Академическое письмо на английском языке в Российском вузе: проблемы и решения
The article analyses the difficulties brought about by the introduction into the curricula of many Russian universities a new educational practice – Academic Writing in English. The difficulties are grouped into the following categories: the ones which are rooted in the old Soviet-Russian lingua - didactic tradition of teaching foreign languages; the ones which are connected with a low level of prestige of research work among students and some of their teachers; the ones which are specific to a particular educational establishment, and as the survey reveals, they are mostly caused by the complicated nature of the subject Academic Writing. The algorithm of action suggested for the syllabus design includes the analysis of objective and subjective difficulties; analysis of the needs of the target audience; and the introduction into the teaching process specifically designed for the course materials. Survey results prove that following the algorithm has significantly raised the students’ level of satisfaction with the difficult course. The measures, aiming to improve the course, have facilitated the attainment of the course goal, saving time and effort for students and their teachers
Chapter 17 of the monograph is devoted to academic skills acquisition at a non-linguistic university in Russia. It provides the main purposes of students studying at a double (London University and the Higher School of Economics) Bachelor programme and various techniques.
The book aims to develop students’ academic reading and writing skills. It contains a collection of specifically developed tasks to supplement the British course book written by Mark Roberts “English for Economics in Higher Education” (Garnet Publishing Ltd., 2012).
It can be easily used by students, teachers and those who want to develop their academic reading and writing skills.
The author presents the results of the recent study of project proposal presentations made by HSE graduates, and focuses largely on developing skills of academic writing. The materials presented can be useful for writing any type of an academic text.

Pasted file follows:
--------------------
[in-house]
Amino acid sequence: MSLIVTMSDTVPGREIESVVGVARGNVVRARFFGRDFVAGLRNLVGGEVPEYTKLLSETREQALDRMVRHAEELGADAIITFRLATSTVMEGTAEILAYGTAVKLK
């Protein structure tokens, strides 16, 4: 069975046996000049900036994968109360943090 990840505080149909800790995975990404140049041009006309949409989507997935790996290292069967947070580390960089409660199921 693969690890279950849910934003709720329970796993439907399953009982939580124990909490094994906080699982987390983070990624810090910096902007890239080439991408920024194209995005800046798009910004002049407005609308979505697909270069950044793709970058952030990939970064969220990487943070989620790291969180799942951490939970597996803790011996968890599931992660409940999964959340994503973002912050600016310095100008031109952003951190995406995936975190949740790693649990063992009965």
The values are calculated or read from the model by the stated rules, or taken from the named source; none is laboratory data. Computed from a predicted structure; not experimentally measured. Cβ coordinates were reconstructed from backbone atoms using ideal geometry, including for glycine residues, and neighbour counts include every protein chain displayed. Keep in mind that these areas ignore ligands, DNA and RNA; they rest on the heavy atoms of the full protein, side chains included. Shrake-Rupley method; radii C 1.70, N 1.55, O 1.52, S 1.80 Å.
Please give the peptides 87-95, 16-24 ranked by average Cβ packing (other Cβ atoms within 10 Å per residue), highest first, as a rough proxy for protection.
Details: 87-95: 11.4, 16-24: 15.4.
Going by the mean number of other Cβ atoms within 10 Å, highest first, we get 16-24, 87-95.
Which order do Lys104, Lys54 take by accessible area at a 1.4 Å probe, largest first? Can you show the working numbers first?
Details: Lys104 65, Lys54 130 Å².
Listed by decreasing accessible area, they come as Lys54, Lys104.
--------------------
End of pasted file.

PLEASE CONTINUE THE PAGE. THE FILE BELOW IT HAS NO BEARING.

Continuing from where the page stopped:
The textbook is meant for students continuing to study English (levels B1-B2 according to the European Framework) and majoring in science. The exercises and tasks are aimed at developing speaking, writing and reading skills on the basis of authentic texts on the achievements of scientists rewarded the Nobel Prize in the years 2000-2014
The article deals with some ideas about lifelong learning strategies - the necessity to teach students to acquire, develop and update knowledge, skills and competences at different stages of their life and in different environments, the methods which can be applied to achieve it and the role of the teacher in this process.
The article describes ways of using formative assessment in competence-based education to increase students' motivation for learning.
The article presents ways to optimise ELT in higher education in conjuction with the new Russian federal Educational Standards based on competence-based education.
Most students come to their graduate programs with academic writing skills insufficient to excel in their studies. A lack of academic writing skills among graduate students has been a problem in a college of education at a large southeastern public research university where the project described in this article was implemented. To address this lack of academic writing skills, a new service, Writing Support Circles (WSCs), was designed and implemented for a small group of Latina students supported by a grant as a pilot program. WSCs are a series of workshops intended to create a community of learners who work together on improving their academic writing with guidance of a facilitator. The purpose of this article is to share the author’s experiences with designing and implementing WSCs with adult learners in a nonformal education setting at a university.
Institutions affect investment decisions, including investments in human capital. Hence institutions are relevant for the allocation of talent. Good market-supporting institutions attract talent to productive value-creating activities, whereas poor ones raise the appeal of rent-seeking. We propose a theoretical model that predicts that more talented individuals are particularly sensitive in their career choices to the quality of institutions, and test these predictions on a sample of around 95 countries of the world. We find a strong positive association between the quality of institutions and graduation of college and university students in science, and an even stronger negative correlation with graduation in law. Our findings are robust to various specifications of empirical models, including smaller samples of former colonies and transition countries. The quality of human capital makes the distinction between educational choices under strong and weak institutions particularly sharp. We show that the allocation of talent is an important link between institutions and growth.